A couple of years ago I had the honour of being invited to work in an exciting collaboration with the Chung Wah Chinese Classical Orchestra, as part of the Act Belong Commit Canning Music Series.
The Chung Wah Orchestra is part of the oldest ethnic association in Western Australia, founded in 1909. As cultural ambassadors for the Chinese community, they teach and perform classical Chinese music at various community events and special occasions to promote and preserve Chinese culture. The Chung Wah Orchestra is a ‘family’ of three generations playing together; the youngest member is 9 years old and the oldest is about 70 years old.
The event, organised by the City of Canning and proudly supported by Act-Belong-Commit, also featued the South Side Symphony orchestra in collaboration with Martin De Sousa Mealy, Nova Ensemble in collaboration with Kevin Gillam, and the Vocal Evolution in collaboration with Kate Wilson.
This poem is one I wrote over many weeks of attending rehearsals with the Chung Wah Orchestra, and learning about the instruments they use, the music they play, and the rich and story-full culture that is carried in their music and songs. This poem is about the Hulusi, a type of traditional flute made out of a gourd and played by the Dai people, an ethnic group living in the Xishuangbanna Dai Autonomous Prefecture in south-west China. The Dai people are closely related to the Lao and Thai people.
I fell in love with the Hulusi; I’ve always been amazed by gourds and the uniqueness of this instument combined with it’s sweet sound really touched me, especially once I learnt of the cultural and spiritual significance of the gourd and the instument that is made from it. Listen to the poem for more 🙂
A big thank you to the Chung Wah Orchestra, and especially Xiaowen, for your beautiful music. It was incredibly special working with you!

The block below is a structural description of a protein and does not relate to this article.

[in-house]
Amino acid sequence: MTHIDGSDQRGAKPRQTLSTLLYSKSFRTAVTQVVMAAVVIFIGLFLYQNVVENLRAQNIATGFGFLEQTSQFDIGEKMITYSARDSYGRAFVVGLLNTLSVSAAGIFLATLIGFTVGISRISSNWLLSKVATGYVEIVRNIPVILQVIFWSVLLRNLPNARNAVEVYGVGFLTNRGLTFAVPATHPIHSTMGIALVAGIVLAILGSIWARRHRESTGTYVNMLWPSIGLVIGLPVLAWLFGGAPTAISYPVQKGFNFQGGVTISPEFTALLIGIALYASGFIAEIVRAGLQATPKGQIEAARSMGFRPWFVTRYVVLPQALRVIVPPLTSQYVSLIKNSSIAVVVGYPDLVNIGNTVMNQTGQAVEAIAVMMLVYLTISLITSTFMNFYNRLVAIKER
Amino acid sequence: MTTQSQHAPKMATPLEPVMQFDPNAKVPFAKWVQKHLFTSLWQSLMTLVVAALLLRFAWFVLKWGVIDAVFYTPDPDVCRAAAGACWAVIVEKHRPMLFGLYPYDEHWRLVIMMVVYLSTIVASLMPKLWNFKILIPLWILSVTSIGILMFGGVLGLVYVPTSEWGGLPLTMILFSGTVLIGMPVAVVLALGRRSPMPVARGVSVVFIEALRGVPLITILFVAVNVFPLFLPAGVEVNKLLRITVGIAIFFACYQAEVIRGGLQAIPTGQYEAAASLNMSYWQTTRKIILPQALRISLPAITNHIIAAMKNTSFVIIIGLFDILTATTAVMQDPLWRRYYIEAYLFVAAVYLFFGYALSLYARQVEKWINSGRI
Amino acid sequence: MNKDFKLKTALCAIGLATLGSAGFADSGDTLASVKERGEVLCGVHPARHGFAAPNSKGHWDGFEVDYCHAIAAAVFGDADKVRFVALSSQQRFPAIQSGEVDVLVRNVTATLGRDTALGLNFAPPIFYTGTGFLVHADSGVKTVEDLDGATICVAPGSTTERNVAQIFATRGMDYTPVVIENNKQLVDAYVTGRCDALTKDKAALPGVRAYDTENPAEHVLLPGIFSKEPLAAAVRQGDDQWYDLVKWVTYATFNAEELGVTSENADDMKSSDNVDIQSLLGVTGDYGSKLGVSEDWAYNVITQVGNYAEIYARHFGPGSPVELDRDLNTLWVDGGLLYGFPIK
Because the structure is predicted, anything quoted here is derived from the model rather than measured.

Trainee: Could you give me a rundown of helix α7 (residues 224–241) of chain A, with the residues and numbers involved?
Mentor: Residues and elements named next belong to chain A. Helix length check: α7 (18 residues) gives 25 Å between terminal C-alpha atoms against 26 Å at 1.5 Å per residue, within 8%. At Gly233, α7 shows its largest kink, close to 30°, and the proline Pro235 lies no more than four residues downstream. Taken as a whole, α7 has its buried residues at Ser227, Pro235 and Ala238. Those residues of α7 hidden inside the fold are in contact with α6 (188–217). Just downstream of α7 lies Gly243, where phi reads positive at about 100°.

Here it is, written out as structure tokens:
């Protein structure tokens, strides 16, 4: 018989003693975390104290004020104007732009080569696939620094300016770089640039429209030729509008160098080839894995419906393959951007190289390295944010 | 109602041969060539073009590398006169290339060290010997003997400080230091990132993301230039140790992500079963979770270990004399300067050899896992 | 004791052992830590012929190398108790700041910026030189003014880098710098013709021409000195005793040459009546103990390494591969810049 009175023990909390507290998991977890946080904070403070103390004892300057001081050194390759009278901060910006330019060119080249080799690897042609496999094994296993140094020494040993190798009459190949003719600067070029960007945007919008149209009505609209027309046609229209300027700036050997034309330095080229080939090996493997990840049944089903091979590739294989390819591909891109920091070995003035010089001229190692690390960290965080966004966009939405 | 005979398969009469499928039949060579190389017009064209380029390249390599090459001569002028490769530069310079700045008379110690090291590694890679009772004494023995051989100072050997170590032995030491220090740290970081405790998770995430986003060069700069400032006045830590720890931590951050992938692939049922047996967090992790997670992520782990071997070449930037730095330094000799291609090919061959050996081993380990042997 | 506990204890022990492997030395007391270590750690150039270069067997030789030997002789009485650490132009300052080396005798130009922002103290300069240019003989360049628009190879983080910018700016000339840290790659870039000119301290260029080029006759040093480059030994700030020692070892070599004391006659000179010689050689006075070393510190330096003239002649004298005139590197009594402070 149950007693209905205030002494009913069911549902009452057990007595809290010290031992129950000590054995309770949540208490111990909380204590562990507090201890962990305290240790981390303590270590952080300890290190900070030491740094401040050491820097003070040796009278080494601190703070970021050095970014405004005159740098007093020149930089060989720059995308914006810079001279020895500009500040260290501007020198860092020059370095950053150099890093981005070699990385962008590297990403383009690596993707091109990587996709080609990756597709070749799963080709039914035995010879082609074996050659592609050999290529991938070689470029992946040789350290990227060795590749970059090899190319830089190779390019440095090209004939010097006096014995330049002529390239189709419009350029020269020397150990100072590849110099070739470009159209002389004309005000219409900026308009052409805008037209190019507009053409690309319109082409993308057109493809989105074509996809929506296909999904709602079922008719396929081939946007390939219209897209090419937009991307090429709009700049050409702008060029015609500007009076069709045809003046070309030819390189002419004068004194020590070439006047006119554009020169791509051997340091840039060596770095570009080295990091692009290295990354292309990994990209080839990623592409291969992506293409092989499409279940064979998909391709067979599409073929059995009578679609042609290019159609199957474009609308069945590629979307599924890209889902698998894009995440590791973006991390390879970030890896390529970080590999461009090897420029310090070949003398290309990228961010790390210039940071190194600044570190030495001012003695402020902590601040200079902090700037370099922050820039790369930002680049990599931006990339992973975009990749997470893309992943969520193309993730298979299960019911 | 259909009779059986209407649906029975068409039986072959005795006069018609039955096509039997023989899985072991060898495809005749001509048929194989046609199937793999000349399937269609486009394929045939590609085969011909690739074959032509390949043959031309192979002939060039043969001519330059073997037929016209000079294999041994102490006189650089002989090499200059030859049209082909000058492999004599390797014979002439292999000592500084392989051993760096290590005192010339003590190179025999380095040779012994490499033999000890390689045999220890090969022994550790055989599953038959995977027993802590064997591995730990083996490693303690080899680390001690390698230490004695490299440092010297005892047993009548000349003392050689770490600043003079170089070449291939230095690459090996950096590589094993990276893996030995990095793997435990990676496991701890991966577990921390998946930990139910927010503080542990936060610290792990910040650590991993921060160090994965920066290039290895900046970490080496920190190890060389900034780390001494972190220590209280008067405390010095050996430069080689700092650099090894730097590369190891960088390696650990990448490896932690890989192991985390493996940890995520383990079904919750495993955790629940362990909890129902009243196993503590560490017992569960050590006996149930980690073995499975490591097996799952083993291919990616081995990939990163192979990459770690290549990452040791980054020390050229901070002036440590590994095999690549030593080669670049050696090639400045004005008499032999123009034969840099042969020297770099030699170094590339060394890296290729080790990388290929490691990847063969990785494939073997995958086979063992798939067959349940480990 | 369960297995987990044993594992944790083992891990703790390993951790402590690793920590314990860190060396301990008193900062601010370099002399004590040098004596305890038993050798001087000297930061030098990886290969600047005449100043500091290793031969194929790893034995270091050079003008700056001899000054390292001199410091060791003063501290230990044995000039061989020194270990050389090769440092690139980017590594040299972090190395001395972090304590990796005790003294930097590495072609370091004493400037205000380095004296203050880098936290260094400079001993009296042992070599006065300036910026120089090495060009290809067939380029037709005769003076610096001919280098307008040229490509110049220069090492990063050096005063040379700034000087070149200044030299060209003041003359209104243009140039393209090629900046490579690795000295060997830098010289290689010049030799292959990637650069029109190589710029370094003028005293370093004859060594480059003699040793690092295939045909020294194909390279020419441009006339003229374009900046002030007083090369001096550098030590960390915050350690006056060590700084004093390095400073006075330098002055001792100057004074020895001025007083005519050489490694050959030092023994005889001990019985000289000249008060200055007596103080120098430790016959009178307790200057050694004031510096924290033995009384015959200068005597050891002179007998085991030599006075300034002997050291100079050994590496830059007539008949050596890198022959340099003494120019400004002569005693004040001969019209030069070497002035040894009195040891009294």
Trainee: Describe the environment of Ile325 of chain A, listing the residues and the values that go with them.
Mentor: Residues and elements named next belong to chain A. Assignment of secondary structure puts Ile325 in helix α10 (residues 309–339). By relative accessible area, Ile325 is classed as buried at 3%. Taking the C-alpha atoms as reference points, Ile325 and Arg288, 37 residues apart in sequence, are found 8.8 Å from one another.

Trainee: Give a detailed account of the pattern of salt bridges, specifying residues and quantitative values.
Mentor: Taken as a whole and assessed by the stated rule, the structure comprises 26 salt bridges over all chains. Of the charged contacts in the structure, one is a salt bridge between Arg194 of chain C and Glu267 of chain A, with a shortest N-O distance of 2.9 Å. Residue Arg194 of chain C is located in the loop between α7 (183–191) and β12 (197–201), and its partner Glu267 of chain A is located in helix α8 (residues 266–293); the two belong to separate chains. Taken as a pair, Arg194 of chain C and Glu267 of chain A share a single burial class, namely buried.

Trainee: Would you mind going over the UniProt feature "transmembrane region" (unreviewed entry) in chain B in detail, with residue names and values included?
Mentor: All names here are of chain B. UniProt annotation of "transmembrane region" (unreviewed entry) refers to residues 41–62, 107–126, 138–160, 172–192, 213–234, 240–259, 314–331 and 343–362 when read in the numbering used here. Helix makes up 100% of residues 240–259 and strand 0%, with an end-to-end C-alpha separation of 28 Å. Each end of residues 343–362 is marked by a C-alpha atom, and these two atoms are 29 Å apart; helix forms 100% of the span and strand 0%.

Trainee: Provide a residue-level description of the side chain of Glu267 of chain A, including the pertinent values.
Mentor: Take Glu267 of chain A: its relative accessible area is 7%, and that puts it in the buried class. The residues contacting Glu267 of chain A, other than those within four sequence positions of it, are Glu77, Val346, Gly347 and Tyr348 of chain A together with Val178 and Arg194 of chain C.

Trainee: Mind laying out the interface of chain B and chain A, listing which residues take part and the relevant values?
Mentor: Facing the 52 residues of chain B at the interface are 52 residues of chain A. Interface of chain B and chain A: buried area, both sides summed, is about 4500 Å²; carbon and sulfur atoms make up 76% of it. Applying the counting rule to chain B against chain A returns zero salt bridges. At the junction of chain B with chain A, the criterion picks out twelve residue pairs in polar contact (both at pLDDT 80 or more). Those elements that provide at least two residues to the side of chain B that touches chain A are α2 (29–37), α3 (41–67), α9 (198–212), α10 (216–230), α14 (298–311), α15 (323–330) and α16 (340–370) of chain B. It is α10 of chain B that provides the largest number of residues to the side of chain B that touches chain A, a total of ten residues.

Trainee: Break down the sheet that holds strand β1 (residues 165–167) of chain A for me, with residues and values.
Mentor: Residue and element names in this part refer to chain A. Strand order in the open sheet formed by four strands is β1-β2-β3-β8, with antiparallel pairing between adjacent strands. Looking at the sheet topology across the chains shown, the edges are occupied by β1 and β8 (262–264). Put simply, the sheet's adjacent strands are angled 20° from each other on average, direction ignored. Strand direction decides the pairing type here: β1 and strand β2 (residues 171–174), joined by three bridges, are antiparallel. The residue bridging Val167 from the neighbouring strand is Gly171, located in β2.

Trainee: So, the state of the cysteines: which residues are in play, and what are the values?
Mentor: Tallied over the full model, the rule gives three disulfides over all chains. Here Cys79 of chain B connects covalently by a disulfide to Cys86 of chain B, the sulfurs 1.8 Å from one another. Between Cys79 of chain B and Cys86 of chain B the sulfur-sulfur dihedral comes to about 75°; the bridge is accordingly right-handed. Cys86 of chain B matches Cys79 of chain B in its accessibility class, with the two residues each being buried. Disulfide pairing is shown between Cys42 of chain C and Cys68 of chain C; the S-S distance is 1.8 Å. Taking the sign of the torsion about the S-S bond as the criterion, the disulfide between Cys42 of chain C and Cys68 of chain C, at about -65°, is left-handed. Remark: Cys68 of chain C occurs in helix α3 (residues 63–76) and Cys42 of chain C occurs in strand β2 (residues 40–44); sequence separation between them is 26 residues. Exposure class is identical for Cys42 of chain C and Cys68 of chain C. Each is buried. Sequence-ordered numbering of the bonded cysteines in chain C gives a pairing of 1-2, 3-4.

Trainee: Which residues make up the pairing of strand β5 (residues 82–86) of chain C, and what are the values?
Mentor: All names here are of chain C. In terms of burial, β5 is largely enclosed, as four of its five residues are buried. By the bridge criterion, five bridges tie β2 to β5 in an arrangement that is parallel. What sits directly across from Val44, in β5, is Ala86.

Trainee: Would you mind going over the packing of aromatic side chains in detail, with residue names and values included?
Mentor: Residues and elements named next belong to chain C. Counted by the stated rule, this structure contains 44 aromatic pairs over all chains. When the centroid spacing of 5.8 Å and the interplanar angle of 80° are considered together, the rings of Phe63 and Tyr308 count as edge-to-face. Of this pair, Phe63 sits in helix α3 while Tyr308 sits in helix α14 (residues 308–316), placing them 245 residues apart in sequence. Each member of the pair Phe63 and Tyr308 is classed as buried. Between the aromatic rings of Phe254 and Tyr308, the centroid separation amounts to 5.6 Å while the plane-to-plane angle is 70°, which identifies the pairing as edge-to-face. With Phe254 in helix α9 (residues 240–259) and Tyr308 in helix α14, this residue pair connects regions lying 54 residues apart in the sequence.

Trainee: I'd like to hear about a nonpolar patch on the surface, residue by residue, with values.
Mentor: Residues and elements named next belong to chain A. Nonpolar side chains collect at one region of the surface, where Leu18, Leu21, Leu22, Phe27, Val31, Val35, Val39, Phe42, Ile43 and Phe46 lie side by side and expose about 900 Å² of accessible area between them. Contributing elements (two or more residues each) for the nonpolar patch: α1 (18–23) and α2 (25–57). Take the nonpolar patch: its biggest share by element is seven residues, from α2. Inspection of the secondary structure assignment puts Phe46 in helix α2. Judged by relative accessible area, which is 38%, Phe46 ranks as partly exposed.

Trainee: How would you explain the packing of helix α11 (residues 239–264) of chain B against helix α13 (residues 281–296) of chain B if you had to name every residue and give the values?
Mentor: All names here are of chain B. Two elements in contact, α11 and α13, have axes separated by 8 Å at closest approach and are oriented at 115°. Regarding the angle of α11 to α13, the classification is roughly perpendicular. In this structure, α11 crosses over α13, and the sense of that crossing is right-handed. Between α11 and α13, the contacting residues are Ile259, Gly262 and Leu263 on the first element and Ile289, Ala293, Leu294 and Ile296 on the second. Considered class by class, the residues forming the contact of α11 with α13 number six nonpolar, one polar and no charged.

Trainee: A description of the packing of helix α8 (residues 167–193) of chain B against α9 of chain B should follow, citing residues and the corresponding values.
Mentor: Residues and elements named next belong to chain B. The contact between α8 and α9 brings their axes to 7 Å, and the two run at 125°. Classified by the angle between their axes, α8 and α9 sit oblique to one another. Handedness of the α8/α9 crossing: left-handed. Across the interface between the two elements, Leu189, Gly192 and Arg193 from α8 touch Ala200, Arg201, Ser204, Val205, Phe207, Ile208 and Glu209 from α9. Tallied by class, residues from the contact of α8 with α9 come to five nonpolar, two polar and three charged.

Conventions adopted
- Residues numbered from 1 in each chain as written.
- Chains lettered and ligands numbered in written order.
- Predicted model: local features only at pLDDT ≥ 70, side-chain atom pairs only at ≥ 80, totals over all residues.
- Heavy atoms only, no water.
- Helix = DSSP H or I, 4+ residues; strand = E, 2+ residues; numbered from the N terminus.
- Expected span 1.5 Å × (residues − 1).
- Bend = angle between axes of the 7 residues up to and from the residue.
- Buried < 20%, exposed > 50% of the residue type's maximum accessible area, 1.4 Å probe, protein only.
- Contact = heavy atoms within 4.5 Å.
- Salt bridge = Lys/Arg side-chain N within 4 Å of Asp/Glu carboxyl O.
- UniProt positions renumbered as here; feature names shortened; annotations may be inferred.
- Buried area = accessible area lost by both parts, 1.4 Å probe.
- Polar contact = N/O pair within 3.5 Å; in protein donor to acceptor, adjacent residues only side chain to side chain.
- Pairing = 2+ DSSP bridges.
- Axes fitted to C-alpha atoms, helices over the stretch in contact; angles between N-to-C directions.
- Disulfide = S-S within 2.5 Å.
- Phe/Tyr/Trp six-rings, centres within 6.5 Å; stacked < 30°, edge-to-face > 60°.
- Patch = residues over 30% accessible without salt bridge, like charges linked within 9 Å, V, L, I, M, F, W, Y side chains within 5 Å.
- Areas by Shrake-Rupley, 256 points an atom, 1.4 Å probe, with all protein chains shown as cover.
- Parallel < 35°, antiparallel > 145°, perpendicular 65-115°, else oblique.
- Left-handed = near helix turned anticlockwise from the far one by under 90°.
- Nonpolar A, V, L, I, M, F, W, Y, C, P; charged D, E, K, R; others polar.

This is one of my more recent poems, about the incredible experiences I had conducting extensive ecological research in Australia’s Great Western Woodlands, and the conundrums that we face when some precious parts of the landscape are threatened by mining. This video was performed on the Riverside Club stage at Denmark’s Festival of Voice, June 2017.
The splendiferous Denmark Festival of Voice is almost upon us again! With the start of the southern hemisphere’s winter comes a beautiful to gather around with people who share an appreciation of song, spoken word, music, storytelling and other performance arts, get cosy in one of the many festival vanues, and be touched by the human voice in its diverse beauty, power and ability to convey meaning. The Artistic Director’s Welcome is an excellent place to start if you would like to know more.
I’m excited to once again be part of the lineup. I’ll have two performances:
• Sunday 4th June, 2pm at the Riverside Club, and
• Sunday 4th June, 4:30-6:30 at Teahouse Books, as part of a set called ‘Poetry, Wine and Cheese’. I’ll be performing alongside Tineke Van Der Eken, Kate Wilson, and Saana Peden, all excellent Western Australian poets.
Also look out for stunning performances by Jaya Penelope and many others! I’m thrilled that Lior will be playing! There will be 80+ acts (including many interstate and international artists) spread across 12 venues, plus workshops, kids shows and more.
Jaya Penelope, Kate Wilson and I will be hosting a small, informal house concert in Fremantle in the lead-up to the Denmark Festival, on Thursday evening 24th May. Contact me for details if you’re interested in attending.
I’m very pleased to share with you the Wilderness Society’s Great Western Woodlands campaign video. It was a real honour for me to to have a poem that I wrote about the area adopted as the voiceover for it. The poem is based on what I learned about the Great Western Woodlands during my time researching the cumulative and enigmatic impacts of mining and associated infrastructure (especially roads) on the ecological values of this area; the largest remaining temperate woodland on earth, which I researched for my PhD.
Great cudos to Amy Matheson for excellent editing, and to the amazong team at the Wilderness Society for their great work on the campaign.